Wednesday , May 22 2024

115,000 readied for evacuation as flooding, landslide risks loom


Localities stand prepared to evacuate around 115,000 people as flooding and landslide risks rise due to impacts of a tropical depression that storm Mulan has turned into.

At a Thursday meeting with the National Steering Committee for Natural Disaster Prevention and Control, Hoang Phuc Lam, deputy director of the National Center for Hydro-Meteorological Forecasting, said storm Mulan, which has devolved into a tropical depression, would cause rains of up to 150 mm in several provinces in the next two days.

In northern Vietnam and the central provinces of Thanh Hoa and Nghe An could see rainfall of up to 200 mm.

Mountainous regions in northwestern and north-central areas should be wary of flash floods and landslides, local reports have cited weather experts as saying.

Several localities in the northern mountainous region and Nghe An in the north central have determined areas vulnerable to floods and land erosion and found around 114,895 people living there.

Plans to evacuate them are now in place to be carried out depending on the situation, according to the National Steering Committee for Natural Disaster Prevention and Control.

Nguyen Dinh Hung, head of the rescue department of border guard forces in the region, said several units were cooperating with local authorities in calling for vessels at sea to get out of dangerous areas and take shelter.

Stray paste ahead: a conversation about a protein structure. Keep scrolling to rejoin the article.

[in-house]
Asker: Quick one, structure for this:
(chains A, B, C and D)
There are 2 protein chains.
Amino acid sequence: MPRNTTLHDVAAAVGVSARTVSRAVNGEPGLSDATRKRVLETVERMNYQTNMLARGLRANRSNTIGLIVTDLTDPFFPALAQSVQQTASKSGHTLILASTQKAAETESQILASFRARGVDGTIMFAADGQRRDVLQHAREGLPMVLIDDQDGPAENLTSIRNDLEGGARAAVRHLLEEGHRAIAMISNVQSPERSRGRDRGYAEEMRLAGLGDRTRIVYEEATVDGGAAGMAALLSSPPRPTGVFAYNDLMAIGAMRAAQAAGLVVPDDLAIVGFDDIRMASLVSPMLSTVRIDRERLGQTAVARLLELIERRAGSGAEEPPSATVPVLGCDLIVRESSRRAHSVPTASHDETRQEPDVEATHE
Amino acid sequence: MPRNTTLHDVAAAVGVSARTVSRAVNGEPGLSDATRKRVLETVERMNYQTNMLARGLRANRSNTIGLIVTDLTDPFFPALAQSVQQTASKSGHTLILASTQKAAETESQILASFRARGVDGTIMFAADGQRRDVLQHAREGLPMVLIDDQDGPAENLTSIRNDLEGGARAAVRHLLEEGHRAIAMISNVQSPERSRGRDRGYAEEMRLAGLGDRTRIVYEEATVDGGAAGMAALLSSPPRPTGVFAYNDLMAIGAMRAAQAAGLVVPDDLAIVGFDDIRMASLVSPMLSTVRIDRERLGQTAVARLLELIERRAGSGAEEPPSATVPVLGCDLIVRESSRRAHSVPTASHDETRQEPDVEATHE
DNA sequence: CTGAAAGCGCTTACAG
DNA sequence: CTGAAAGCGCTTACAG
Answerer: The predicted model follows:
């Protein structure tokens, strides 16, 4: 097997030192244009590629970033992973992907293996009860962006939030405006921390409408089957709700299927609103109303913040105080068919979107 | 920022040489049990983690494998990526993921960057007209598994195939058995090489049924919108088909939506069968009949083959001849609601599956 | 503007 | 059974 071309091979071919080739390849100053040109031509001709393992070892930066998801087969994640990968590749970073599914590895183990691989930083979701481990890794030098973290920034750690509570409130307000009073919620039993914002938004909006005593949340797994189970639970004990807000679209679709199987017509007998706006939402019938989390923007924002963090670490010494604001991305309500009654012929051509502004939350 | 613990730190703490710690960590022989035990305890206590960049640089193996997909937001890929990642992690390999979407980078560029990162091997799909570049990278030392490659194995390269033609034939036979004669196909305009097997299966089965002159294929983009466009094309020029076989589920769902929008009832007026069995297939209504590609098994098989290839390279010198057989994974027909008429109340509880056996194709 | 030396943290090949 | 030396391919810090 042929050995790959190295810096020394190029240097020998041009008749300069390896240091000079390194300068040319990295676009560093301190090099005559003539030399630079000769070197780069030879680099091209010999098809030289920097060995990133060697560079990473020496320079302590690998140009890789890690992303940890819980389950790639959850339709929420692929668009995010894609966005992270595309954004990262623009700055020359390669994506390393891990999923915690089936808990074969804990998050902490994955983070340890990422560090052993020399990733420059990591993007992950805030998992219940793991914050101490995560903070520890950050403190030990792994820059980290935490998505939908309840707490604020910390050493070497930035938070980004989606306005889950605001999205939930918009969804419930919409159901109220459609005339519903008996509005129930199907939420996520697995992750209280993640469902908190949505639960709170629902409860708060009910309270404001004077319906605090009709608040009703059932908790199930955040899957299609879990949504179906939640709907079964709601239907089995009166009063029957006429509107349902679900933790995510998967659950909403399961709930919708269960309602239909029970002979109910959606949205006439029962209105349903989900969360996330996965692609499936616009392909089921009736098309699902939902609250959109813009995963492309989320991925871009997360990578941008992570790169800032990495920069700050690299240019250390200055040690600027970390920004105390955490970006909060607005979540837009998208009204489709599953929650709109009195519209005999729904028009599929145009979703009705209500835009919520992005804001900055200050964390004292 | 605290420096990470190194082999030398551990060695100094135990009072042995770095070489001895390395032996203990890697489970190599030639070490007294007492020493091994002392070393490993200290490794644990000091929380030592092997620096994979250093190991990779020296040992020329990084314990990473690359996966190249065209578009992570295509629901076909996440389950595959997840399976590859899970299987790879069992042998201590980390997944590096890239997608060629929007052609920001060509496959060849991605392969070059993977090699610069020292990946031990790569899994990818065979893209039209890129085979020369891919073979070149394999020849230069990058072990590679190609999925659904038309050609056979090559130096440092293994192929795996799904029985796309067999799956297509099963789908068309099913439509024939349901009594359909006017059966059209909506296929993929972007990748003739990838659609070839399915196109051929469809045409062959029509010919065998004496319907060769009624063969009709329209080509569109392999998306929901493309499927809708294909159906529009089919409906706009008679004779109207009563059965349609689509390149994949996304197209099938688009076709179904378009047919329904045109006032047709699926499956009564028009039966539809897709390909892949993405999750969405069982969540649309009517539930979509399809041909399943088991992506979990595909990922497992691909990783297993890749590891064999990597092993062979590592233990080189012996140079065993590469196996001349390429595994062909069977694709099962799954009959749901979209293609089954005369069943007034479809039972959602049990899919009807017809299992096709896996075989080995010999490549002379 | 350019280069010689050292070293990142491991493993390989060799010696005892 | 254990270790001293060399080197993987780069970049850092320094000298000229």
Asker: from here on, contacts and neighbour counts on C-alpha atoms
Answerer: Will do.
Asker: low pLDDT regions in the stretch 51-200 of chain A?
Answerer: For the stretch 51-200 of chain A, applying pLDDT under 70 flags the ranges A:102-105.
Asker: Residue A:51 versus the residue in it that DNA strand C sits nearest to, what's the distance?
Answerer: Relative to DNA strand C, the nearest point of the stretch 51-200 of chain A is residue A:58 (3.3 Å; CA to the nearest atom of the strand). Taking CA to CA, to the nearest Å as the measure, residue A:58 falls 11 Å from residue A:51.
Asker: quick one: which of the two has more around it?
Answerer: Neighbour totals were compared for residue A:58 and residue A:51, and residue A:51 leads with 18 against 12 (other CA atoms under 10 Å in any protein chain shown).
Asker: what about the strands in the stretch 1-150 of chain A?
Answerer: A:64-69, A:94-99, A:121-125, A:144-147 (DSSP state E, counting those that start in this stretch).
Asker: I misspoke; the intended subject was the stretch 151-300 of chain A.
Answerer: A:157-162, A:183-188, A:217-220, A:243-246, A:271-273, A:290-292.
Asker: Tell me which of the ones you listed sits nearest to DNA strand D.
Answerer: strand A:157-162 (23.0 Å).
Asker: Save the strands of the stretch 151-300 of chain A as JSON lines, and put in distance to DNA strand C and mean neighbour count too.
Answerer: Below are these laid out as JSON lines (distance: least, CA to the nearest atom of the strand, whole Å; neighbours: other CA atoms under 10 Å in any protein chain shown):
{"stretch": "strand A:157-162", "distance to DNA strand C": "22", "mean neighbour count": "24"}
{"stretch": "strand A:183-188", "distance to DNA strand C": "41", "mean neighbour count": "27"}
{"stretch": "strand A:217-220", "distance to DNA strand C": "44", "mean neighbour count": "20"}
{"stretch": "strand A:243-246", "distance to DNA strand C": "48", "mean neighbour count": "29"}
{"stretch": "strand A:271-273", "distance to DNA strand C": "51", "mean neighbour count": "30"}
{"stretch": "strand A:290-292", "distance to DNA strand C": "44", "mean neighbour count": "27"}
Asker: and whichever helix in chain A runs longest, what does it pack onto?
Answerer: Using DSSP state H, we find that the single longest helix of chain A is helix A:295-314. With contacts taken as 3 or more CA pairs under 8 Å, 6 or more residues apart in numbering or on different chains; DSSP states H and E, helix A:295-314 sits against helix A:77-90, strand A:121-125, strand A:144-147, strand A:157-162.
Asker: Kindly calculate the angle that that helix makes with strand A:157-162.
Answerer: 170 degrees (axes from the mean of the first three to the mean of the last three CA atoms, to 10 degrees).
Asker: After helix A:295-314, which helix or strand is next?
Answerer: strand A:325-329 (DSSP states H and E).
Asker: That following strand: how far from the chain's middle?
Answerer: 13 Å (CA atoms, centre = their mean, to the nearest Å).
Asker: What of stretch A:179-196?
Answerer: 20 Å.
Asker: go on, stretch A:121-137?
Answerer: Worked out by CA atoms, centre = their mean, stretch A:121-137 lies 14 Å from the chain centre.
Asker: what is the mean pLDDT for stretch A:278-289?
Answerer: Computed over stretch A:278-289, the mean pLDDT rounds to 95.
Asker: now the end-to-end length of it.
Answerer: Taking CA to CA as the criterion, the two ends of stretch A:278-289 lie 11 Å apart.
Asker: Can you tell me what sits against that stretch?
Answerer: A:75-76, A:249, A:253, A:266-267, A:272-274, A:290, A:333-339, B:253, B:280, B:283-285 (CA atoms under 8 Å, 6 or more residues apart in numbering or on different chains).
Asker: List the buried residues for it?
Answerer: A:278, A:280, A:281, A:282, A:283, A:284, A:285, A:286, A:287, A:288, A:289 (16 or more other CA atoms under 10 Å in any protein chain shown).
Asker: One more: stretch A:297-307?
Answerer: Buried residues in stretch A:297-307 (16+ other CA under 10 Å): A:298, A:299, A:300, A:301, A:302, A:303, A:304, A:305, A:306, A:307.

Border guard forces are also cooperating with local authorities to have over 7,000 vessels with over 14,000 crew members to dock safely in ports from Quang Ninh to Nam Dinh, he said.

After entering the Gulf of Tonkin Wednesday night, storm Mulan weakened into a tropical depression, but it is still causing heavy rains in northern and north-central Vietnam.

Several Vietnamese carriers delayed flights to and from Hai Phong Thursday morning because of the rough weather conditions.

Mulan is the second storm in Vietnamese waters this year. The first, Chaba, arrived in July.

Weather experts have said that Vietnam should expect 10-12 storms and low-pressure areas in the East Sea this year, with around half making landfall.

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